You can read all about it here. []

  • The same way you communicate with an alchoholic or any other terminal addict. You isolate, totally, whilst demonstrating the alternatives.

    Actually, Saddam Hussain is an excellent example of WHY the destructive approach doesn't work, except for the destructive. He put all the soldiers most likely to rebel or desert on the front line, where the Americans could drop cluster bombs on them. In short, America footed the bill for Saddam's political security.

    This is not to say that something shouldn't have been done. It did. And given the alternatives available at the time, the Allies did the best job they could have done, IMHO.

    However, the fact remains that it had largely the opposite effect to the one the Allies wanted, precicely because their efforts were as destructive as the person they were trying to replace.

  • Or hack some computers. Come on.... that's just silly. War is war and it's hell. Of course they're going to crack. I would in second... unless of course I was afraid of pissing off the enemy and forcing them to crack me back. Cracking could be the one real leveler of the global playing field. It would only take a few really sharp Serbs to play havock with the entire US network. The bigger the country the more security holes in their networks.

    Pretty soon these crackers that keep getting busted will be trained in a secret underground facility in Viriginia and will become truly elite.

  • No, in wartime you never bomb the hospitals. Hospitals represent a drain on the enemy resources.
    Did you know that the M16 rifle (the main weapon carried by US infantry) is not designed to kill? It is designed to maim. It is much easier for an enemy soldier to fight when surrounded by dead friends than when surrounded by wounded friends who are crying out in pain. The poor soldier has to make a decision to keep fighting or to try to save his wounded comrade. If he chooses the former, he will have a sneaking suspicion in the back of his head that someone will pay him the same honor. If he chooses the latter and carries his wounded comrade off the battlefield, you've reduced the enemy's number by two and the enemy now has a wounded soldier that it must heal. A dead comrade is a martyr, and the only burden on the enemy is that they have to dig some holes.
  • Hmm...counter to the article's statement, I think computer or "cyber" warfare, is a type of warfare that makes most sense NOT being practiced by purely military organizations. In the case of the United States, it would appear to me that such warfare would be the realm of agencies like the CIA, NSA, not a military division like the Army, Navy or Air Force. Cyber warfare is more insidious, requires more care, precision and stealth, is more controversial and prone to scandal, and I think probably would be the realm of spooks, and /intelligence/ organizations, not GIs. Computer warfare in general is a very touchy subject...consider the day when everybody is connected through a pervasive global network (well, that's almost the picture today). Cannot an act against a piece of the global network be considered an attack on all parties? How can it be localised? This is probably something that needs to be discussed and written down in one of those rules of war agreements.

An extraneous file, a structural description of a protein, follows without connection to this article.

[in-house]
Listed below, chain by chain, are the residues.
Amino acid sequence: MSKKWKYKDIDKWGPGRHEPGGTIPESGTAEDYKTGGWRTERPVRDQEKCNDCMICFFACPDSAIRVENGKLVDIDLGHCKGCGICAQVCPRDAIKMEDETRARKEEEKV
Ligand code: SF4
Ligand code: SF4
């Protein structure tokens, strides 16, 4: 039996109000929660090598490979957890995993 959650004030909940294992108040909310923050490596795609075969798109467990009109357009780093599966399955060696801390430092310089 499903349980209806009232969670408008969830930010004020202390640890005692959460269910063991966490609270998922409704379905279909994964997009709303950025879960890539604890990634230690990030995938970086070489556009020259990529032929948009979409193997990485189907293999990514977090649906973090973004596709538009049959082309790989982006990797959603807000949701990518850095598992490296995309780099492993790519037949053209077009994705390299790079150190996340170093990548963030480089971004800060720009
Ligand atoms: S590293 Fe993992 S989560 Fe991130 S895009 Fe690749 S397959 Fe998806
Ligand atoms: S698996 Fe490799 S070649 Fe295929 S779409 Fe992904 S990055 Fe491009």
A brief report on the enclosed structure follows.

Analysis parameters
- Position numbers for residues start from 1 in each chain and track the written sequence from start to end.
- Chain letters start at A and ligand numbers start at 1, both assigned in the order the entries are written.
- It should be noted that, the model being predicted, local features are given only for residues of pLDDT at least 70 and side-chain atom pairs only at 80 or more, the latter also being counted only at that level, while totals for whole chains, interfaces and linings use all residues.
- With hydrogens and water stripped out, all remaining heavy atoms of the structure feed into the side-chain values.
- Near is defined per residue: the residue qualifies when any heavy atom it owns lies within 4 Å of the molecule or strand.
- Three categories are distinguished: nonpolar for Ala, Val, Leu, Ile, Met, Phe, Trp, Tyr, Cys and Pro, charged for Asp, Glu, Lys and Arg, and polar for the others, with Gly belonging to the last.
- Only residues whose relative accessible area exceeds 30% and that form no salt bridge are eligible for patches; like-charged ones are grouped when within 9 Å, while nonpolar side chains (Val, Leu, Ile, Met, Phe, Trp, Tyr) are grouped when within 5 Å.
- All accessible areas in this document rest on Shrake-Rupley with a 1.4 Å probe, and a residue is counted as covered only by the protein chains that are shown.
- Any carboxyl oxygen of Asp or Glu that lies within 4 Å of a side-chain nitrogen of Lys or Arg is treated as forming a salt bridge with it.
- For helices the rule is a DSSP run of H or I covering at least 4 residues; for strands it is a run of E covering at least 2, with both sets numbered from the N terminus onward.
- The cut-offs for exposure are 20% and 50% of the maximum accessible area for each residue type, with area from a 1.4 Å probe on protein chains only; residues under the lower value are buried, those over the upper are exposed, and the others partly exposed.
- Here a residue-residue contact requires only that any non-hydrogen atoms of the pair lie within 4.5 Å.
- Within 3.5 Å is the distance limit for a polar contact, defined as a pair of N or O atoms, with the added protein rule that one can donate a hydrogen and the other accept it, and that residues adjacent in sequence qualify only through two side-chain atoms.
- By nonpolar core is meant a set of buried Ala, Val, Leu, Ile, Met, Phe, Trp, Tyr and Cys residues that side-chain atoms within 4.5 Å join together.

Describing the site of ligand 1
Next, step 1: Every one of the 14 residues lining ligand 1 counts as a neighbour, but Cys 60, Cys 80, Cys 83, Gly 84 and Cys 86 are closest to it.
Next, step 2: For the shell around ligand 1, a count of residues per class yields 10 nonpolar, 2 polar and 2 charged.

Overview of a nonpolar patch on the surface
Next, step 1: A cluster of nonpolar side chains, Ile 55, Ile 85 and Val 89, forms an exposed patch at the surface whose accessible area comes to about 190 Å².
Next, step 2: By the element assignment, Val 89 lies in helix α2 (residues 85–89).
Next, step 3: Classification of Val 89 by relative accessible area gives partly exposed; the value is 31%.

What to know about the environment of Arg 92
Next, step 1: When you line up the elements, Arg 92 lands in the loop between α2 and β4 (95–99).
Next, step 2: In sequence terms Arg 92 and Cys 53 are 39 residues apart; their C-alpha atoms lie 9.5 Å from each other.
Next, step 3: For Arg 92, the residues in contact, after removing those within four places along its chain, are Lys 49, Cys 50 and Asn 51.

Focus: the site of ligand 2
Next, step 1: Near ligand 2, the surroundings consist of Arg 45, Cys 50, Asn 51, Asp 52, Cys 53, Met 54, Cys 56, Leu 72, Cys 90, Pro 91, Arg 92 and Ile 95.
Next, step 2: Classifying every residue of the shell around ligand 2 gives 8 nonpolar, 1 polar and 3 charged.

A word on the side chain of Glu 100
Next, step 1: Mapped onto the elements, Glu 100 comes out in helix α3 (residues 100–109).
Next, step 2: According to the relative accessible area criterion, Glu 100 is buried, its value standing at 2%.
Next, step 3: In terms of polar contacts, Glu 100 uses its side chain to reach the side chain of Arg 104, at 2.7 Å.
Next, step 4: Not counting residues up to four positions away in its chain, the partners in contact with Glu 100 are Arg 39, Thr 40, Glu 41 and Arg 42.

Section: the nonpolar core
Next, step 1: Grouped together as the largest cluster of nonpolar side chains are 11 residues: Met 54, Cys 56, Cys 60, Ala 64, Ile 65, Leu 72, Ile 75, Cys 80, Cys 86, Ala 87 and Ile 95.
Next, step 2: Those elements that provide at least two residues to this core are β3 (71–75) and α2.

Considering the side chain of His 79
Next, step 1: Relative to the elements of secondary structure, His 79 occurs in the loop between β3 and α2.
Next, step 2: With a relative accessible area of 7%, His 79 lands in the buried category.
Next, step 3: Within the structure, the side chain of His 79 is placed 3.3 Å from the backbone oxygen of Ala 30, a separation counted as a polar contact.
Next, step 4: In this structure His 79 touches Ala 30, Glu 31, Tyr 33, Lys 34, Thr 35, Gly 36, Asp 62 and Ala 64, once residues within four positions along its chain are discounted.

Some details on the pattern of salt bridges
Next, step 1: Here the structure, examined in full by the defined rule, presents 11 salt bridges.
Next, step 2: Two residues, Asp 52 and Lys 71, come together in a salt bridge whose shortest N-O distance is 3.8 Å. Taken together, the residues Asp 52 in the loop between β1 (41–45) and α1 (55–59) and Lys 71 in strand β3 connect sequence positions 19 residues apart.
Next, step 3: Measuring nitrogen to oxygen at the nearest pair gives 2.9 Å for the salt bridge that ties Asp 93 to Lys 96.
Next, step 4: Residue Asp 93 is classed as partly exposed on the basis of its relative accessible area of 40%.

• >"Cyber-warfare" is essentially useless today : the group being attacked can disconnect their systems, and
    >genuine military systems have no business being connect to a public network anyway.

    Not really. As long as I can still get some form of targeted virus into their system, be it through a infiltrant, or a floppy they use in both machines (ARGH), they're still in trouble.
  • The Geneva Convention also covers what is ethical to use as weapons in a war, there have been some weapons developed which the U.S. does not use because they were not considered ethical by the Geneva Convention. If I remember correctly this is why the U.S. did not adopt flechette rounds (multiple small dart projectiles in a single cartridge) for the M-16A2. They were considered cruel because entry wounds were often very hard to see and they bent upon impact making them hard to remove without causing further damage, like trying to remove fishing hooks. I also recall an experimental weapon which looked for optical devices and shot a laser at them and could consequently blind people which was scrapped because it was believed that the weapon would never be deemed ethical. I think that if you can blow it up, you should be able to hack it. Computer viruses would probably fall into the unethical region since it would be hard to control who they infect.
  • ...but the purpose was nominally the same, no?

    An individual helping to lead a massacre of a village wasn't looked upon too kindly by authorities who'd be under pressure if they didn't prosecute and convict. Not that this seems to happen with heads of state...

    True, 'tho, it's pretty rare for anybody from a superpower or former superpower to get nailed thusly.
  • Good luck finding a bootsector virus that works on two different CPU architectures.
  • The Geneva Convention is very important. Loading it up with nonsensical "protections" serves only to dilute it, and make it less credible. Nerve gas deserves to be banned. Hacking the enemy's computers does not.

    WRT the concept that this kind of "attack" would invite similar reprisal, I say that we are already a target of opportunity for every nutcase out there. They need no further excuse to attack us.